Key advice for small business marketing

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Whatever sized business you run, marketing should form a core part of it. You might even be doing this without realising. And it is a myth that there is a difference between large and small business marketing – some of the figures and specifics might be different but essentially, small businesses require the same approach, albeit at a level that suits their own objectives and resource structure. 

So here is a handful of important points to consider when planning small business marketing. Hopefully, some part of it will provide a nugget of inspiration for you. 

Marketing is part of your culture

It's not a separate activity – marketing should be at the heart of what you do if you're a customer focused operation. You want to understand your customers better, find more of them, communicate better to them, manage your reputation with them and your industry as a whole – all marketing. Small businesses might be more simplified in their approach but don't negate the importance of effective marketing. 

Do a few things well

Before you worry that you cannot do it all, I would recommend that you look to do a few things well. Spreading yourself and your resources too thinly will significantly reduce your effectiveness. Small business marketing should be keenly focused and prioritised towards what will get you the best results. 

Manage your customer data

Too many small businesses ignore this important point. Even if you have 30 customers, set up a basic CRM system to manage this information efficiently. There are many free or low cost tools for small businesses to try online. I like Hubspot and Really Simple Systems. It's important to have a professional approach on the way up and as you grow, your CRM system will soon develop to hold more customers and far more prospects. Fine tune it when it's small and let it support your small business marketing efforts going forward.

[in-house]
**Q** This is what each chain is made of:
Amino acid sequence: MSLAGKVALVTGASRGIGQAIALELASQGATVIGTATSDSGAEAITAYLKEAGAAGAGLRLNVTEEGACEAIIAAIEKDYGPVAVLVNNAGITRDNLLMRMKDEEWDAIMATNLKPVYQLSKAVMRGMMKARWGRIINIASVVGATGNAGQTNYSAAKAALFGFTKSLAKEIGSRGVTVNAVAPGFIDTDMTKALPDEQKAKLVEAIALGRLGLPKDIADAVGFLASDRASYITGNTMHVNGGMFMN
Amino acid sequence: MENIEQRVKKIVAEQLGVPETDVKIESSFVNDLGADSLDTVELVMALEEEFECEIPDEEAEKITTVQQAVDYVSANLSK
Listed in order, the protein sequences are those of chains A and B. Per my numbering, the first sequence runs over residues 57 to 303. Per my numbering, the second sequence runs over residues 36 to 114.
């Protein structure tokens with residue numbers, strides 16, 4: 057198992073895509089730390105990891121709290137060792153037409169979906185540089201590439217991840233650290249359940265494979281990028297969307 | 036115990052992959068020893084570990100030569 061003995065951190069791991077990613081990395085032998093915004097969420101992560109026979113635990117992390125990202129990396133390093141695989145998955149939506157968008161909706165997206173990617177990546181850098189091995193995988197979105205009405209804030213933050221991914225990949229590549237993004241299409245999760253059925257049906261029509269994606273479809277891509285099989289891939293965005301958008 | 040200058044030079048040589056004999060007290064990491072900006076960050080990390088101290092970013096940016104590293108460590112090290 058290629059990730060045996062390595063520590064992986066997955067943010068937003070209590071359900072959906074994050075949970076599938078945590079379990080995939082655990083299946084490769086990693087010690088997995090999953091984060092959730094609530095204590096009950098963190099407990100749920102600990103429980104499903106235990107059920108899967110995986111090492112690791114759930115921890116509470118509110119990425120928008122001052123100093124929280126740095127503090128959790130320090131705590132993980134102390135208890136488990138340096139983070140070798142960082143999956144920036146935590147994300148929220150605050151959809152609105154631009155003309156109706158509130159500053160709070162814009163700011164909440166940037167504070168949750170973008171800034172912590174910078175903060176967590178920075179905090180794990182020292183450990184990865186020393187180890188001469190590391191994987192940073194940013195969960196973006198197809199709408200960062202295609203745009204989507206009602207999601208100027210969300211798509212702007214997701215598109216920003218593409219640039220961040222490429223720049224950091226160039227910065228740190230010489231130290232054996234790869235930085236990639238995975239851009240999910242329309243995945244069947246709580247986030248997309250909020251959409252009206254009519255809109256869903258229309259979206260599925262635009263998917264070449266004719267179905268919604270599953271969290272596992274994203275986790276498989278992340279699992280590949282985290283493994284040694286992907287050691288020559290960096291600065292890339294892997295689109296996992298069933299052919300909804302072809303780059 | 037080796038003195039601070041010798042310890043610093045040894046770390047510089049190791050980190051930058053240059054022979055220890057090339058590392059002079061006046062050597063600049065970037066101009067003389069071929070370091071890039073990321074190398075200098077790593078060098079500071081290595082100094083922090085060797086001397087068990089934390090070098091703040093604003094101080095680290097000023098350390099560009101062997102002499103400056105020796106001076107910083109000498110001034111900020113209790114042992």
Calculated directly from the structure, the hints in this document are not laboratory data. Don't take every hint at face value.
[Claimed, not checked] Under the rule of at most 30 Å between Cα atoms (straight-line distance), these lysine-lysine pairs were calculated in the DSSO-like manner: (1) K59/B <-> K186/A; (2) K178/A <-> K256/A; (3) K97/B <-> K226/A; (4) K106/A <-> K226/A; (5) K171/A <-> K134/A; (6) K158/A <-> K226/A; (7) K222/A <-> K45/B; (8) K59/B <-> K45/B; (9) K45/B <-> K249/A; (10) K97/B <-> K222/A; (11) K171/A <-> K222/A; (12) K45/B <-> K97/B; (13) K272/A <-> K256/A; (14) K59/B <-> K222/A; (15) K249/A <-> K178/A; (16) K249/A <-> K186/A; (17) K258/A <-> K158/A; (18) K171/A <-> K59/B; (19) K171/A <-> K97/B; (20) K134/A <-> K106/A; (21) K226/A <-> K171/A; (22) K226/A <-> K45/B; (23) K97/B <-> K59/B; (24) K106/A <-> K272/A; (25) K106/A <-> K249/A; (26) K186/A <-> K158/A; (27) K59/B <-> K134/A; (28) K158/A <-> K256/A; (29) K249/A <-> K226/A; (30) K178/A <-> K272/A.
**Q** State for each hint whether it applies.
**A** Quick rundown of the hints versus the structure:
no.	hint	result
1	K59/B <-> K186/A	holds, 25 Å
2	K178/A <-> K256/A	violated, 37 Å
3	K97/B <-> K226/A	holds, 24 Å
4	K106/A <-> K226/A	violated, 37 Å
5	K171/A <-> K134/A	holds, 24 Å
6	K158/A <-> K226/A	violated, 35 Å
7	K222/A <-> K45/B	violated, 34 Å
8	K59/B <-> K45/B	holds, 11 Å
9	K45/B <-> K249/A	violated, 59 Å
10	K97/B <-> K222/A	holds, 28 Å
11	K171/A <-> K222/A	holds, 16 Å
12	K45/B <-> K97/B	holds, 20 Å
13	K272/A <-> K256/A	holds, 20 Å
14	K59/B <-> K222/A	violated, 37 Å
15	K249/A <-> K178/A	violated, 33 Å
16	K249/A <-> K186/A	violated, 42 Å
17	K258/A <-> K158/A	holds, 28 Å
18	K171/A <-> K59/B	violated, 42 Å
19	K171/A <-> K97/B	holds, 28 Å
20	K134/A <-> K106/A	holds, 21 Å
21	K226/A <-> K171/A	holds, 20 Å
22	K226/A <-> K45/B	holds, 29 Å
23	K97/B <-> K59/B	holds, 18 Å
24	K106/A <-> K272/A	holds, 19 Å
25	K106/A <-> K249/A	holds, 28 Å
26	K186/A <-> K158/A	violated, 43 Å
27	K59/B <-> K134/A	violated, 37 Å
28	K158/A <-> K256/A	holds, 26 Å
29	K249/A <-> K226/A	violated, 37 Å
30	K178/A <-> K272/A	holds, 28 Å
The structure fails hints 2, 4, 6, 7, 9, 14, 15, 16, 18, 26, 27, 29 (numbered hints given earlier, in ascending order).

“Quick wins” are rare in marketing

Understand that results are not achieved overnight. One-off adverts will have limited effectiveness. A single email will not reap big rewards. You will have heard the comment about it taking seven or even nine points of contact or communication to prompt a prospective customer to act. It's true. As a small business, your marketing needs to gather momentum and work as hard as possible for you over time, in an integrated manner. 

Carefully planned marketing is an investment

Even “free” PR activity has a price tag on it in real terms. Time costs money and always has an opportunity cost attached to it. Take it seriously, apply a long term approach and attach a suitable budget to it, even if that budget is really rather modest. Understand the value (and benefit to your business) of carefully planning your marketing and use outside help when you need particular skills or additional resource. Decent small business marketing will add value to your business and we’d be happy to chat through how we might be able to help you with this.